I’d come across various examples of this aspect of the American experience scattered through my reading of US history, but I lost count of the number of times I was honestly shocked at what went on and people's reaction to it. A few times I had to put the book down and go do something else for a while for my brain to function again. There’s only so much casual racism and targeted brutality I can cope with before my mind loses all comprehension. From 1919 into the early 1920’s I’m stunned at what black Americans had to put up with and I’m not surprised in the least that at least some of them decided that enough was enough. Some white commentators actually complained that the problem was caused by the French who had the audacity to treat black American soldiers like human beings which inevitably gave them ideas ‘above their station’. While American officers treated black soldiers who wanted to fight as simple labourers the French officers were more than willing to lead them into battle – and did so to great effect. The French could care less about their skin colour (having black soldiers themselves) but only cared if they were willing to kill the Boche.  

This detailed and very well written history was a real eye-opener for me. I kind of ‘knew’ how bad it could be being black in early 20th century America, but I had no real idea – until now. If you have a reasonably strong stomach and you can keep your anger and disgust in check this is a worthwhile if sobering read which helps to put a lot of black activism into a solid context. Black Lives Matter and its predecessors did not pop into existence out of thin air. It had LONG antecedents – even long before the focus of this book. I think that I am at least beginning to understand where some of the animosity and suspicion of American blacks comes from. This book was a real education. Highly recommended to anyone wanting to understand a still vital aspect of America. More to come from this author. 

Saturday, May 11, 2024

Happy Birthday: Dame Margaret Taylor Rutherford, DBE (11 May 1892 – 22 May 1972) was an English actress of stage, film and television.

She came to national attention following World War II in the film adaptations of Noël Coward's Blithe Spirit, and Oscar Wilde's The Importance of Being Earnest. She won an Academy Award and a Golden Globe Award for her role as the Duchess of Brighton in The V.I.P.s (1963). In the early 1960s, she starred as Agatha Christie's character Miss Marple in a series of four George Pollock films. She was appointed an Officer of the Order of the British Empire (OBE) in 1961 and a Dame Commander (DBE) in 1967.

Thursday, May 09, 2024

Just Finished Reading: The Red Eagles by David Downing (FP: 2014) [232pp] 

Europe 1945. With the European war swiftly coming to an end Premier Joseph Stalin is looking to the future and he doesn’t like what he sees. It has become obvious that the USA will, with the inevitable defeat of the Axis Powers both in Europe and Asia, become the world’s dominant power for years if not decades to come. What is worse, if such a thing can be imagined, is that they will for most of that time be the world's only nuclear power. Knowing about the bomb's existence before the American President told him was a delicious moment but that fleeting moment didn’t count for much with a radioactive Sword of Damocles very publicly dangling over the head of the Soviet Union. Their own programme was advancing at pace. People, even scientists, work wonders when their families are threatened. But there was one element that even death threats cannot conjure out of thin air – enough Uranium 235 to build enough bombs to counter the Capitalist threat. If they couldn’t make enough fast enough there was only one real alternative – they would have to steal it from the Americans. Easily said but certainly possible – except for one thing, the Americans would both know it had been taken and how many bombs could be made from it. A deception plan would be needed, and a third party needed to be blamed. If there was time for the Germans to act before the Third Reich collapsed.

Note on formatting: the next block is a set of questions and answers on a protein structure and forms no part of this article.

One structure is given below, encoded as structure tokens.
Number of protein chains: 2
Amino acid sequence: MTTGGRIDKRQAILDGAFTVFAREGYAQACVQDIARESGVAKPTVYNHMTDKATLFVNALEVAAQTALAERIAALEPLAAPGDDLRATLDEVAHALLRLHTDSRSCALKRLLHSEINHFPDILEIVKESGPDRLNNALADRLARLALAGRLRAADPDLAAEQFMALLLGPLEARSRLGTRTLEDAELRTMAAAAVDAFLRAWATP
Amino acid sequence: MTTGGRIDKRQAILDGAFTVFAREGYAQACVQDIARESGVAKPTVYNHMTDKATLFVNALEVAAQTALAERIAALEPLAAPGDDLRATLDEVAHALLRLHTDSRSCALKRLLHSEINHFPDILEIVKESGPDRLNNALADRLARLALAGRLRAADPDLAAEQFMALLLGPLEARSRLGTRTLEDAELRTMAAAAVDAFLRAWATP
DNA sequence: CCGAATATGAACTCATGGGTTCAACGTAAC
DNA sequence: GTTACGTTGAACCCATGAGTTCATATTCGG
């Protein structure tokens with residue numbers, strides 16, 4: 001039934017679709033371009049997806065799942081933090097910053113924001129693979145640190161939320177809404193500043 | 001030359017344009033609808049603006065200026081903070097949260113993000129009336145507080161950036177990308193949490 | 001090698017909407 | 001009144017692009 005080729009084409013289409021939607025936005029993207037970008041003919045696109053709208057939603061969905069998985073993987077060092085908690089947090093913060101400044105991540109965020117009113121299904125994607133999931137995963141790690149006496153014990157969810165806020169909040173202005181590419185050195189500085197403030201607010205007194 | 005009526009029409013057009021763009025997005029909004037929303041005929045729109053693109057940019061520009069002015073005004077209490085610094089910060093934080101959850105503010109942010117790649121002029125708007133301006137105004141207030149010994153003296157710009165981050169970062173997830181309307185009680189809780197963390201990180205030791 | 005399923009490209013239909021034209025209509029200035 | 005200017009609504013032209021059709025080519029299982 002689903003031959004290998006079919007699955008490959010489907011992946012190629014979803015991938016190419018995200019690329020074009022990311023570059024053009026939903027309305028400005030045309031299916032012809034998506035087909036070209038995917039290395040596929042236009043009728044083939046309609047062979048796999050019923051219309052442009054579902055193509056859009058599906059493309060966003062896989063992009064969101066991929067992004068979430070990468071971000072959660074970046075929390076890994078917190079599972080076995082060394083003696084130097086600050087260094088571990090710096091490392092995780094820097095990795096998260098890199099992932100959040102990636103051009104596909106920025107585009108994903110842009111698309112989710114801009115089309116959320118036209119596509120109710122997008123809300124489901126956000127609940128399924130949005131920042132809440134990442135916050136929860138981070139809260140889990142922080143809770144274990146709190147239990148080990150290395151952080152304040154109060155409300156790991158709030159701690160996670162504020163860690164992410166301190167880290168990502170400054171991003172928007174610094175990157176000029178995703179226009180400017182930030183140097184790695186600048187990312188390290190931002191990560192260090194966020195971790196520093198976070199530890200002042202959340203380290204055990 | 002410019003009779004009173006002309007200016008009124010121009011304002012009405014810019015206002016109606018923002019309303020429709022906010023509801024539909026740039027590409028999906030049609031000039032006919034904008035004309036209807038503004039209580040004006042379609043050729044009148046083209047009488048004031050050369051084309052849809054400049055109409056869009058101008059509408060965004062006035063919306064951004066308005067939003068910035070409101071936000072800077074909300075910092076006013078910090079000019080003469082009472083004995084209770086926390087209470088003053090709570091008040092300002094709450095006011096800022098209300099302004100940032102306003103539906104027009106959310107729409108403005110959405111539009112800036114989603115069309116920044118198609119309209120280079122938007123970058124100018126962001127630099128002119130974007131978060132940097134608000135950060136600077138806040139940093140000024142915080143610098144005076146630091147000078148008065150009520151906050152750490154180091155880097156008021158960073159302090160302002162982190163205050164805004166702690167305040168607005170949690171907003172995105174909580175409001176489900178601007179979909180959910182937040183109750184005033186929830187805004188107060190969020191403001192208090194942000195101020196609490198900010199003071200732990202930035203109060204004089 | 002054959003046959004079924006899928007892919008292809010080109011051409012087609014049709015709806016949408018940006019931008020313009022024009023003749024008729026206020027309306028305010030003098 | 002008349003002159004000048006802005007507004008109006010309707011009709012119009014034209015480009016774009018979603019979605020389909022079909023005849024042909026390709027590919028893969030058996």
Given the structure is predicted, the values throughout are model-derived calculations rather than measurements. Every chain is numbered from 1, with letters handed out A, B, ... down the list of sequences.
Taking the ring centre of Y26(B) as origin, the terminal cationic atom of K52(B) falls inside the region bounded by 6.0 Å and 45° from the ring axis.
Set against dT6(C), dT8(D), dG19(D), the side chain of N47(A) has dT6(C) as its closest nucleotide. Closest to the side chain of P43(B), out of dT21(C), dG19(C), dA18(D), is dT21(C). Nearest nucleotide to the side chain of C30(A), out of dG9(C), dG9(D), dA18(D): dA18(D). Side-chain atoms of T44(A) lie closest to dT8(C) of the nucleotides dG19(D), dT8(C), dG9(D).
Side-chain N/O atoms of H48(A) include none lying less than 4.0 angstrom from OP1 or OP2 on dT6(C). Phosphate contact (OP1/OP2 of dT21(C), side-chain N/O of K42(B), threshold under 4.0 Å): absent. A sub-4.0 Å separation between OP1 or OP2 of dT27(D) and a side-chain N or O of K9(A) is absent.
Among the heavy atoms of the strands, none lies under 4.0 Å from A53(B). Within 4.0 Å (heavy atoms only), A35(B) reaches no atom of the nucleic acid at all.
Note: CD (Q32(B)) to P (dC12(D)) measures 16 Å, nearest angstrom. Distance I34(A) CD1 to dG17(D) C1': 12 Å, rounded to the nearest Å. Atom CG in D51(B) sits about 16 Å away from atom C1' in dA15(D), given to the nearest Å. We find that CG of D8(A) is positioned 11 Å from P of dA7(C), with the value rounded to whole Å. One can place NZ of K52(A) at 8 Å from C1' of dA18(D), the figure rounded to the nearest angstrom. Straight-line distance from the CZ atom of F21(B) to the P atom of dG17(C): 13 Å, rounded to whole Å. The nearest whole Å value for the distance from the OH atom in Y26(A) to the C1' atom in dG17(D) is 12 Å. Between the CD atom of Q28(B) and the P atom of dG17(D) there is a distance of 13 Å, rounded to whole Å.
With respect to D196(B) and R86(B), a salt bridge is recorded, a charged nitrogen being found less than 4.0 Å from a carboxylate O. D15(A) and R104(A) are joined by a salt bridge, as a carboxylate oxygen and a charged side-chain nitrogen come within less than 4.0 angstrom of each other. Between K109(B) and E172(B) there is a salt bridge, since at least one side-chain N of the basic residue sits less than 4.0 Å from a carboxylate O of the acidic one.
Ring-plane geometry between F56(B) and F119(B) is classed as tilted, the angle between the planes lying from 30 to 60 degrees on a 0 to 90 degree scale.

This was, to say the least, an intriguing work of fiction! I’ve been watching a long running series of YouTube History videos on the end of the European war, so I had lots of background information sloshing around my brain cells which helped fill in some of the background details. The plot was very clever, and I really liked the inevitable problems that arose – no plan surviving contact with the enemy (AKA reality) - as well as to how they were believably handled. As always (broken record time!) good characterisation was key to my enjoyment and here we had that in spades with the Russians, Germans and Americans all being well drawn and, mostly, likable. The only character we were supposed to dislike – and I did – ended up satisfactorily dead which was good. The romance elements actually made sense (normally I skip over those bits) and I didn’t have a single eye-rolling moment which is a pleasant change. Pacing was good and despite being rather short gripped enough to feel longer – in a good way. I actually don’t think I can fault this in a single way, and I consequently enjoyed it a great deal. More from this author to come. A solid above average read. Recommended.